stroke, and the reluctance and inertia quickly melt away. I guess, that joy is like math -- it can
    be so forgettable if not practised enough. But it nevertheless eventually comes back to haunt and
    nag us. I guess that's why there's so many people who return to cycling. Once it's in the system, we
    can't get rid of it.

    cheers, Tom

    --
    -- Only a man harrowing clods, in a slow, silent walk, with an old horse that stumbles and nods,
    half asleep as they stalk
     
  10. "Just Me" <[email protected]> wrote in message news:<[email protected]>...

    > > Now that the weather is nice, I have biked outside only
    > 7 times. And sometimes I think to myself, why am I out here anyway?

    Wait until the summer heat / humidity / and air quality alerts. Enviro-Can warns people with
    health problems (raise your hands) to stay inside an air conditioned building and avoid exertion.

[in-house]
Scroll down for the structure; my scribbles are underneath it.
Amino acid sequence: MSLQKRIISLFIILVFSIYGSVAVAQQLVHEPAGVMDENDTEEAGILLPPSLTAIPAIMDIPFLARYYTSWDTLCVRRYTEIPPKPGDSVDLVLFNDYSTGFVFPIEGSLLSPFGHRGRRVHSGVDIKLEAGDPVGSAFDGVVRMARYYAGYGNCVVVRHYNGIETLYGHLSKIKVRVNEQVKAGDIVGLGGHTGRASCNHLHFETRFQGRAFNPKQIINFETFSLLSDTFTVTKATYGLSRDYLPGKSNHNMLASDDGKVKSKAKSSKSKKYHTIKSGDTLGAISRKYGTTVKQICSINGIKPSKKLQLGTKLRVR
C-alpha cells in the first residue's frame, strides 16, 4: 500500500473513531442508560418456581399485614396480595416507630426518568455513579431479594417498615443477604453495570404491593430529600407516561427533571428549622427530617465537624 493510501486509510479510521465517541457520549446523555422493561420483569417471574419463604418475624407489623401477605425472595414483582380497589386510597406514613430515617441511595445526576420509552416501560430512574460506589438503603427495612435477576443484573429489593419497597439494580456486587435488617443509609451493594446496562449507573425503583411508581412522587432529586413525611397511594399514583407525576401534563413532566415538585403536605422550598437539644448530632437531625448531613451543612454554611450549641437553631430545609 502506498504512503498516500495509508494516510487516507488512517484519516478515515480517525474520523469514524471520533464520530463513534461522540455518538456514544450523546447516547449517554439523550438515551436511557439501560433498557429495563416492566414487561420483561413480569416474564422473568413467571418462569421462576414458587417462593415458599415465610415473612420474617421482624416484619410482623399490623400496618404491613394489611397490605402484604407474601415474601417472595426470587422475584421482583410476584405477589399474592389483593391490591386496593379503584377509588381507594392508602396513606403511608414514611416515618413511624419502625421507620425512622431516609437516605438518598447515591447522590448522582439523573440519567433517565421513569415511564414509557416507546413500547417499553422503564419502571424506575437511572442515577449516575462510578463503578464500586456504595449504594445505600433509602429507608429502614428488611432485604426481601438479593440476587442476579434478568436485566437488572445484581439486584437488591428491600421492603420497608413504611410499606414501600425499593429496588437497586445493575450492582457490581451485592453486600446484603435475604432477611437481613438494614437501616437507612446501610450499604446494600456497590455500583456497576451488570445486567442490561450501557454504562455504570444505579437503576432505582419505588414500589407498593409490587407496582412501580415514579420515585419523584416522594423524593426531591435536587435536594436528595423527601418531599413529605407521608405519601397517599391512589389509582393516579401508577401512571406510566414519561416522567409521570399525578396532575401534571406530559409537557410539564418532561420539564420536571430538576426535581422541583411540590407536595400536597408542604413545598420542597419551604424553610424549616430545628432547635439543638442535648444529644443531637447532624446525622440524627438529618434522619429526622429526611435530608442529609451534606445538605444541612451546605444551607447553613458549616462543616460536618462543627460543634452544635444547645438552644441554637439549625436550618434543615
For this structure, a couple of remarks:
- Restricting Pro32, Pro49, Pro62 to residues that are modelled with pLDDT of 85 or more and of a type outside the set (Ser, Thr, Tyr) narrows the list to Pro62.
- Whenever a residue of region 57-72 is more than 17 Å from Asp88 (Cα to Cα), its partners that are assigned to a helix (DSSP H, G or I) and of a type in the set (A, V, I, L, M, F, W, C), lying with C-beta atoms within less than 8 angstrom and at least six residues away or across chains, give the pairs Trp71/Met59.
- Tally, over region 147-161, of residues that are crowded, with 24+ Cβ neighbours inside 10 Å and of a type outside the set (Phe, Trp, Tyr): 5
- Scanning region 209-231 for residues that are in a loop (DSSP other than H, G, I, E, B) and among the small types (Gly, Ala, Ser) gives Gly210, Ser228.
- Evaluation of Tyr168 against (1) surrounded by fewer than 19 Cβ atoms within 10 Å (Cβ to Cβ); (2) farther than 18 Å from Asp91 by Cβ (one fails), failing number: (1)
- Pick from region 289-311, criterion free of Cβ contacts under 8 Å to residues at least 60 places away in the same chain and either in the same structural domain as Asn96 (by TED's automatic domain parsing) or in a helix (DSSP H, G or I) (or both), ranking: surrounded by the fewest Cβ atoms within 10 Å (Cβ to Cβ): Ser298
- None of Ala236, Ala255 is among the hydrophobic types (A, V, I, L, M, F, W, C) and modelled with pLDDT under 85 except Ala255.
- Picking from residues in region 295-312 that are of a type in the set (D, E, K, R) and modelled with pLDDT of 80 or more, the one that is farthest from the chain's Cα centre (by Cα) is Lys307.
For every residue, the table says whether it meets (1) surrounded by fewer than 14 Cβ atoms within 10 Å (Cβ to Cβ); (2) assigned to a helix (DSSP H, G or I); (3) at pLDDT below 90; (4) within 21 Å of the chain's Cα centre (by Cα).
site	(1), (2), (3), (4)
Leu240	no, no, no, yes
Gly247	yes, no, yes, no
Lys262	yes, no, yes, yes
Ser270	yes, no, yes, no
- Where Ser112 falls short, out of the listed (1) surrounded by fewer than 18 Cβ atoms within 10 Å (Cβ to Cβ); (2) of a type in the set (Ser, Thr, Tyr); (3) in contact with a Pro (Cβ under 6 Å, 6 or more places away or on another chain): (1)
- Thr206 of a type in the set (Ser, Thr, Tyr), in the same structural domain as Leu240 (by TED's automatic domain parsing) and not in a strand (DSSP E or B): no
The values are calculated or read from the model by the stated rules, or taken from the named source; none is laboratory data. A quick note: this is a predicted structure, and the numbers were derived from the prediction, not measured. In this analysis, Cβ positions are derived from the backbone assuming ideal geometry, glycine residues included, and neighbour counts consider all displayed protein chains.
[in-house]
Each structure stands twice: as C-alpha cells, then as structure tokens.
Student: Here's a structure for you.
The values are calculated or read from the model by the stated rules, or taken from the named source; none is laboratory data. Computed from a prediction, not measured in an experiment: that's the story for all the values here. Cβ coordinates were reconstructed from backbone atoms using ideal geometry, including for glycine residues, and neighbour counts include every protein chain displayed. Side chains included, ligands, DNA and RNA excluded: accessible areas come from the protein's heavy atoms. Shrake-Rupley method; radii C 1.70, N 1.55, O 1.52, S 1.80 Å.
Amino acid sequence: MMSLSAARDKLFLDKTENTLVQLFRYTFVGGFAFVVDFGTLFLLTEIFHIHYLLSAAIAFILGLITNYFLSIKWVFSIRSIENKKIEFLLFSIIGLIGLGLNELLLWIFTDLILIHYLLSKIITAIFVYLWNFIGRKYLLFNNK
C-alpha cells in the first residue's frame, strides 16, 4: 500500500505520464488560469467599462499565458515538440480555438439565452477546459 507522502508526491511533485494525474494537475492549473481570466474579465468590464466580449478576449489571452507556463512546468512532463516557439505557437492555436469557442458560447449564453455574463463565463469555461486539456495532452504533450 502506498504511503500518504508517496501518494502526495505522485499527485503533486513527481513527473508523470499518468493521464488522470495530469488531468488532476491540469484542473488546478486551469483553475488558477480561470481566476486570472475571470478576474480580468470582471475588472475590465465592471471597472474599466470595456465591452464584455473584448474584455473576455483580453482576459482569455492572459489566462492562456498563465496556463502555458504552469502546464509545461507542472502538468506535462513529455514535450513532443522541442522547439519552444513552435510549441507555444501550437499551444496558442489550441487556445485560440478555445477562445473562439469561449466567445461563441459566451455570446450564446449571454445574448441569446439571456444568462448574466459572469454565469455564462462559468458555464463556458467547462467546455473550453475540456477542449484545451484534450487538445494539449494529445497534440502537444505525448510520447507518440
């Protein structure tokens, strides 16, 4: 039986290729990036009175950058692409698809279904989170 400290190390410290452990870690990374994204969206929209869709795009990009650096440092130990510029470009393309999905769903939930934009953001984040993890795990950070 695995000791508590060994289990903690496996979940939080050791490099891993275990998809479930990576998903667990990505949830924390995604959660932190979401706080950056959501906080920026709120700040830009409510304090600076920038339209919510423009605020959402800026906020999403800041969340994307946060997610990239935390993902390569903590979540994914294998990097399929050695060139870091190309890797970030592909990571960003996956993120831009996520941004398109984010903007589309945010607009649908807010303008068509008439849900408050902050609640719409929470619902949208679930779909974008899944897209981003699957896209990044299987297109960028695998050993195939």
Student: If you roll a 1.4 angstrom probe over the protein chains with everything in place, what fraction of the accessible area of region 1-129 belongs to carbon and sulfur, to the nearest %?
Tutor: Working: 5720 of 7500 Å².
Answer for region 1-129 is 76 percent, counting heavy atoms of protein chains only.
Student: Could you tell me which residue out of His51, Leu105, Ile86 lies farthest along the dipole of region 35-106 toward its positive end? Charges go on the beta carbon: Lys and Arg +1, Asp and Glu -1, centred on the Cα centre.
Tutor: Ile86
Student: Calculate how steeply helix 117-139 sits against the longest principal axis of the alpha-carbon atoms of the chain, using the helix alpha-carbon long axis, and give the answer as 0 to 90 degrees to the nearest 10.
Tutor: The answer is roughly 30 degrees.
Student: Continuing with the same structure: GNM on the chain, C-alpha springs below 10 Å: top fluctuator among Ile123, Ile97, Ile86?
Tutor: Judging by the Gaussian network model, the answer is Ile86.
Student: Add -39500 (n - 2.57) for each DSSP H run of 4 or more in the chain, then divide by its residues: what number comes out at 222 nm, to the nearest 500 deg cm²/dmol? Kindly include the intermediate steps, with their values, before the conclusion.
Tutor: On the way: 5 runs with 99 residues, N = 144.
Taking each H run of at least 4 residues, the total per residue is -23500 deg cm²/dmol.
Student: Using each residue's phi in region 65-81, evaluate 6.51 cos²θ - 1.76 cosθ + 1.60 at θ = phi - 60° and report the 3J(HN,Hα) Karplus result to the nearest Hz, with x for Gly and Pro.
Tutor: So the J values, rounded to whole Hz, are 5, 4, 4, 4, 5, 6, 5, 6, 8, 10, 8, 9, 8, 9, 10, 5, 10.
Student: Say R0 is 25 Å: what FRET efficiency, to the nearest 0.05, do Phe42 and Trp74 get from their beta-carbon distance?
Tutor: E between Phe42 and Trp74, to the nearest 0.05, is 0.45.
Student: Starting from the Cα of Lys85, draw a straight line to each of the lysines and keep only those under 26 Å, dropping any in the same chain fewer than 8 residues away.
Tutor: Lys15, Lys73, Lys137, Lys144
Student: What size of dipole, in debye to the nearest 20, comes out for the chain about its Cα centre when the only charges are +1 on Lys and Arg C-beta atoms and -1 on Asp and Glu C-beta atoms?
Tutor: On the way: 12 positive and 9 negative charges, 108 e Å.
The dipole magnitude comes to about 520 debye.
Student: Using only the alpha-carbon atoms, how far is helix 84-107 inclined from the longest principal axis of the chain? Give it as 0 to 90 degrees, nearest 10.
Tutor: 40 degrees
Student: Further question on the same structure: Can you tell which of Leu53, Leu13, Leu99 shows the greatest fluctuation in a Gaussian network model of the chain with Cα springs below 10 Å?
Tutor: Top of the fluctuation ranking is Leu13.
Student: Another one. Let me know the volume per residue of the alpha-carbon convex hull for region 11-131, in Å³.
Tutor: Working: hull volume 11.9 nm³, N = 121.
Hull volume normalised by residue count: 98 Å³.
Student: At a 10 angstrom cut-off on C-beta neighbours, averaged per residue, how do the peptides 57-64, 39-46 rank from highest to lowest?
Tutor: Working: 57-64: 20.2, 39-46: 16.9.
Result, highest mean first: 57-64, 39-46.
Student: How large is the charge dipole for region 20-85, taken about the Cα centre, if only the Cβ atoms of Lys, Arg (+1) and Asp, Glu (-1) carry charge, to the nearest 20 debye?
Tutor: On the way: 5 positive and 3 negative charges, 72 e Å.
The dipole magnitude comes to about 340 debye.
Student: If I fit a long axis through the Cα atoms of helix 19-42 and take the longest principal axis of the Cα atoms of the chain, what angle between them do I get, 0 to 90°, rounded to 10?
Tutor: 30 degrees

Fools. They obviously never watched "Conan the Barbarian."

    > The traffic just gets worse every year.

    yep.

    >Places that used to be country are now ex-urbia.

    Double-yep. I hate seeing them clear-cut 50 year old forest to build housing for people who
    will end up driving all the way downtown every day. Pollution, traffic, complaints about the
    cost of driving.

    Meanwhile, a block away volunteers are planting seedlings in empty farmer's fields.

    If they MUST build houses for people we don't need, why not do it on empty fields? Since they
    decided we should rely completely on imported produce (rhetorical question).

    Why does the film "Soylent Green" flash before my eyes every time I cycle (what used to be) north